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Canadian Researchers to Test Privacy, Effectiveness of Contact Tracing Apps with New Tool

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According to CTV News, a team of researchers from London, Ontario’s Western University has created a tool designed to critically evaluate COVID-19 contact tracing apps for their effectiveness and overall respect for users’ privacy.

With the virus spreading at an unprecedented rate, contact tracing had to be digitized — this resulted in the inception of exposure notification apps like Canada’s COVID Alert and Alberta’s contact tracing app, ABTraceTogether, based on Singapore’s tracing app.

With apps such as ABTraceTogether continuously collecting data on a user’s location and who they come into contact with, privacy concerns have become a major issue.

Western University Computer Science professor Anwar Haque and research associate Rashed Nekvi, have created a new tool to give a privacy score to these apps. The score is calculated by comparing the app’s features with the stipulations of federal privacy laws and international privacy guidelines established by the Organization for Economic Cooperation and Development (OECD).

“Our analytical tool automates the assessment of a number of privacy preservation features and assigns a score to how well the app can secure the personal data of its users,” said professor Haque. While the tool is being developed for Canada, it can also be used by other governments.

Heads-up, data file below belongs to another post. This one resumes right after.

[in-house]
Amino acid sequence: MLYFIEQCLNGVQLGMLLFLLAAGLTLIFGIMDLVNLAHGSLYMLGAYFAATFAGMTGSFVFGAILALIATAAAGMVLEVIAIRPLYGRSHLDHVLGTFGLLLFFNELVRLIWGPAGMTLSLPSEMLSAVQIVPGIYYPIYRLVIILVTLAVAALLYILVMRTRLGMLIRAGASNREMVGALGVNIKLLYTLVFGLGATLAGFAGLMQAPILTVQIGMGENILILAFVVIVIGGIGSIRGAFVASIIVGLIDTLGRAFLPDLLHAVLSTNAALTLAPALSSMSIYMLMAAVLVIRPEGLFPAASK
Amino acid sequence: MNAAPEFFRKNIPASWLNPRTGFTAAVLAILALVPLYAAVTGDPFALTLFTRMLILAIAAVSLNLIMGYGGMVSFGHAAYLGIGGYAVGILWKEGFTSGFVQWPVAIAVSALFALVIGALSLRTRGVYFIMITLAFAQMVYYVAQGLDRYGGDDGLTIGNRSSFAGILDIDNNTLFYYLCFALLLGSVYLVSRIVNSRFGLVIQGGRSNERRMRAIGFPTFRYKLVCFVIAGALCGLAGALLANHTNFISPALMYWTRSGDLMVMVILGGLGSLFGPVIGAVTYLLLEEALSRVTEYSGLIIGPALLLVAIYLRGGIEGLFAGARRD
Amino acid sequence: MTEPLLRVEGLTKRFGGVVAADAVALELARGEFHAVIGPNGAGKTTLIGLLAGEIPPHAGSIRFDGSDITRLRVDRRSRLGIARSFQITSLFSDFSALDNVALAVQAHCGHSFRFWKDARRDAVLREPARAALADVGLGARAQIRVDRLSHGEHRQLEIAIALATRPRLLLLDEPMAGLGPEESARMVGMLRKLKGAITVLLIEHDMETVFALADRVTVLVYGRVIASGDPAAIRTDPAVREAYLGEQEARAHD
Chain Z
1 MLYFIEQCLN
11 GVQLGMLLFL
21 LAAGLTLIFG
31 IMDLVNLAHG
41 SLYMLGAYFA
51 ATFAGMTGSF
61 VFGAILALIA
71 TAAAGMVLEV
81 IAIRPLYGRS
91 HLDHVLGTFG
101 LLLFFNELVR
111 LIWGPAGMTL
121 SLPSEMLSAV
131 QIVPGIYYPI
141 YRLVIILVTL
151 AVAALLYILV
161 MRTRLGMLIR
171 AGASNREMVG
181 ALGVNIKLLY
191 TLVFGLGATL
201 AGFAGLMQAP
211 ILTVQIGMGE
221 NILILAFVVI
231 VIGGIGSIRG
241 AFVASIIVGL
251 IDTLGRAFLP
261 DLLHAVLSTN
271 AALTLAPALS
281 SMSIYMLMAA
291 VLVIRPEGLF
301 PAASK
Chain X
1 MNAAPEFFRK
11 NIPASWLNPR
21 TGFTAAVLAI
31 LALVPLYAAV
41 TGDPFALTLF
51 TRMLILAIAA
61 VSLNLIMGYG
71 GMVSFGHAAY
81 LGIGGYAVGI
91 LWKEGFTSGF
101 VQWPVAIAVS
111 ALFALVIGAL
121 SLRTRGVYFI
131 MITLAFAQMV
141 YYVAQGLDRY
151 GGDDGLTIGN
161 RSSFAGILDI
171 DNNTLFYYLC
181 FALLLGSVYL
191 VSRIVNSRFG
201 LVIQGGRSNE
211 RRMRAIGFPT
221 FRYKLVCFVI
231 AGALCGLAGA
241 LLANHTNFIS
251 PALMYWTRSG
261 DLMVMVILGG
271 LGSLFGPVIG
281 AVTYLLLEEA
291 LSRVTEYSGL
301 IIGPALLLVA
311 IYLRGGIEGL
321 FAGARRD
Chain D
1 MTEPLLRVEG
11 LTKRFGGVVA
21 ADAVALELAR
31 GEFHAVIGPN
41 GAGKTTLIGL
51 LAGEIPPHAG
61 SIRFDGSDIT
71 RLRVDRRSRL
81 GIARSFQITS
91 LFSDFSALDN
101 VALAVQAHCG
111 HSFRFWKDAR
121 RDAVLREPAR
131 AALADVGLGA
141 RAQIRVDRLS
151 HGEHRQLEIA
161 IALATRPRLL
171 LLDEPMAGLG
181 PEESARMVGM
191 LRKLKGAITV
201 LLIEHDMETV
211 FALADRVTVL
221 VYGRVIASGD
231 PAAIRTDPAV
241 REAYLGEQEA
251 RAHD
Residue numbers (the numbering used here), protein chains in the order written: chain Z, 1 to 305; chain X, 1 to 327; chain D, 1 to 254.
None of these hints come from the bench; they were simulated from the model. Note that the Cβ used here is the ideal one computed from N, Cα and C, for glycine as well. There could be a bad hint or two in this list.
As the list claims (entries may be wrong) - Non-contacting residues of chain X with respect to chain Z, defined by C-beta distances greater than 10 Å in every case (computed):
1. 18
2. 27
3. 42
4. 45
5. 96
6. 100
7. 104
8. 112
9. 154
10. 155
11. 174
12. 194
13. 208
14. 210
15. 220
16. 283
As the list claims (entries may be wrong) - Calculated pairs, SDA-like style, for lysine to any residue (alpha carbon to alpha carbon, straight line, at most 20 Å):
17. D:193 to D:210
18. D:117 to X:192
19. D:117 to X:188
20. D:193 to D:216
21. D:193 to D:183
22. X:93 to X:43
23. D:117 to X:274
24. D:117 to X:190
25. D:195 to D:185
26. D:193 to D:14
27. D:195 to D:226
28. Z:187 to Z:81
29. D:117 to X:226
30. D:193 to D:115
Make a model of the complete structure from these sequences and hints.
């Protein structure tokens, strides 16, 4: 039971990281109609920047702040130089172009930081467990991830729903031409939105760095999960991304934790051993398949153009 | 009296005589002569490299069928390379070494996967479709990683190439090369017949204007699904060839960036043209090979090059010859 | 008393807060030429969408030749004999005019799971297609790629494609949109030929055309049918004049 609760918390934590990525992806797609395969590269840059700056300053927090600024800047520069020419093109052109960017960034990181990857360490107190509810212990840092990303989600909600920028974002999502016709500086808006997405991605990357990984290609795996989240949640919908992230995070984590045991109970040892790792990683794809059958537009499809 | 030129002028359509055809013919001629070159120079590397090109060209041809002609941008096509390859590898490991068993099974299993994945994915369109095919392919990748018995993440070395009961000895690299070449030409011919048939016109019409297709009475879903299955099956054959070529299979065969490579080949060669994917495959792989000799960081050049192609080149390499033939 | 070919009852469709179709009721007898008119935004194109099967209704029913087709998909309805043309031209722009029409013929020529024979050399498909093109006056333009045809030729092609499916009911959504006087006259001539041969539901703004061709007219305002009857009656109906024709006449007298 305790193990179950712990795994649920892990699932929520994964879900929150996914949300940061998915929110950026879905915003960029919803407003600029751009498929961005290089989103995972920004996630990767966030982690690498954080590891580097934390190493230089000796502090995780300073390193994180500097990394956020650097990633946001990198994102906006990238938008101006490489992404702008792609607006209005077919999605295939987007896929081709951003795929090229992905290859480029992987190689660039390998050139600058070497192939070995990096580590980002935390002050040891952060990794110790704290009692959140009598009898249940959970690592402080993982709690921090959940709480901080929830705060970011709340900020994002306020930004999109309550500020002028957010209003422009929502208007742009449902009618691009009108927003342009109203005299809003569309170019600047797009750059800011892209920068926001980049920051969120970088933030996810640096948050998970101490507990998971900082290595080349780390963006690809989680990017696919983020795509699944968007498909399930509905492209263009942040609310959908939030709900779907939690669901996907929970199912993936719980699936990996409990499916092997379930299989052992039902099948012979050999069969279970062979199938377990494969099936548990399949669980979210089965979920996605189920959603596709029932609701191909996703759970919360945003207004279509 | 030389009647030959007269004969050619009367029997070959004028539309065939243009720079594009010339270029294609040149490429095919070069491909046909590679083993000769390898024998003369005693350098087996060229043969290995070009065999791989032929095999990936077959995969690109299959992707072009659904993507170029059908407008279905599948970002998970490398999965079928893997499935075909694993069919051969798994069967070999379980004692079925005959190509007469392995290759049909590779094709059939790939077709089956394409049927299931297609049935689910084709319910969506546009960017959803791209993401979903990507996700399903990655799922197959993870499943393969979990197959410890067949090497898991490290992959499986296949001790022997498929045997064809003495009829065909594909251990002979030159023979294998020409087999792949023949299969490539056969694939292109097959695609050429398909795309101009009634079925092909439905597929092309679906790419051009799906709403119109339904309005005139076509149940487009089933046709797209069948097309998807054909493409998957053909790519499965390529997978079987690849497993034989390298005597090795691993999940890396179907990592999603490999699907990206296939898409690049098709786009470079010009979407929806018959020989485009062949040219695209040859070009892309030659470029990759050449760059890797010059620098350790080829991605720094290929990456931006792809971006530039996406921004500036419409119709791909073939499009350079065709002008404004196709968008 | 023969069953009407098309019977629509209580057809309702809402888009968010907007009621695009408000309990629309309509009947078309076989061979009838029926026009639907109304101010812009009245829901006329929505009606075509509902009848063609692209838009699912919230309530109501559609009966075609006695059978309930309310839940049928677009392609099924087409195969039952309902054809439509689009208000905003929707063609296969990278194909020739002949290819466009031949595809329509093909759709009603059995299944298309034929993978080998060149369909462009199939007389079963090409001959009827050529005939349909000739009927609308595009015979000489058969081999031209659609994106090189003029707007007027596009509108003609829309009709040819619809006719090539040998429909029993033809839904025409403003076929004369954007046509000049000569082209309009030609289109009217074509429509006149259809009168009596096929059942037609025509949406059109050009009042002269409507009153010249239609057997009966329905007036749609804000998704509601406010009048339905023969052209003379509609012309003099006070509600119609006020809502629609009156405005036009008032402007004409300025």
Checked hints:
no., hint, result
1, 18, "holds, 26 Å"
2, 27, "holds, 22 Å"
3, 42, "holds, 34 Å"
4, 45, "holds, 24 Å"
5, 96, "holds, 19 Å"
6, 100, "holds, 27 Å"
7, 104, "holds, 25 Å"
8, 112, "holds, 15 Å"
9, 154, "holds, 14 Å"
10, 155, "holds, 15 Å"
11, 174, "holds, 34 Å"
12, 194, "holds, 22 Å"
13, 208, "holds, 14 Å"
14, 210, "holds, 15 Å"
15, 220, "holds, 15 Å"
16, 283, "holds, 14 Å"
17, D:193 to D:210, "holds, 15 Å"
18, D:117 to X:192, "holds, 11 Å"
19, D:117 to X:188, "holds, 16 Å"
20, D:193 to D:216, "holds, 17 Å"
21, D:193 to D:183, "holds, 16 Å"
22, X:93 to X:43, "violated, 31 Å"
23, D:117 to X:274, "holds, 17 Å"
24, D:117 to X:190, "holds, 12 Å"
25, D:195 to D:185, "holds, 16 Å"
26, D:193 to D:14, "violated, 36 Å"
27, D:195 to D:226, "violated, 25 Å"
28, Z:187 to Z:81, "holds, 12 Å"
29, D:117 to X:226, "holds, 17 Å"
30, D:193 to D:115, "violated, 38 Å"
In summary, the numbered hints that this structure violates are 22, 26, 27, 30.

While apps such as ABTraceTogether sends your data to a central server, COVID Alert is completely anonymous as all data remains on your device.

Alberta is sticking to ABTraceTogether and will not be adopting COVID Alert, just like British Columbia. Both governments are holding out, despite public outcry asking them to support the national exposure notification app.

Canada’s COVID Alert app is based on Google and Apple’s exposure notification framework, which leverages Bluetooth on devices for anonymous “handshakes” in the background. The app does not use GPS info or collect any user data. It has been vetted as safe by Canada’s privacy commissioner and provincial counterparts.

When someone tests positive for COVID-19, they can anonymously alert others that may have been in contact using COVID Alert, by obtaining a one-time use from their provincial health authority.

Provinces currently supporting COVID Alert:

  • Manitoba
  • New Brunswick
  • Newfoundland and Labrador
  • Ontario
  • Quebec
  • Saskatchewan
  • Nova Scotia
  • Prince Edward Island

Still waiting for:

  • Alberta
  • British Columbia
  • Northwest Territories
  • Nunavut
  • Yukon

Recently, the government of Canada acknowledged there was a bug within the COVID Alert app, and urged Canadians to update to iOS 14.0.1 to resolve the issue.

Download links: 

As of November 10, COVID Alert has been downloaded 5.1 million times, with 4,168 people voluntarily entering in one-time keys.

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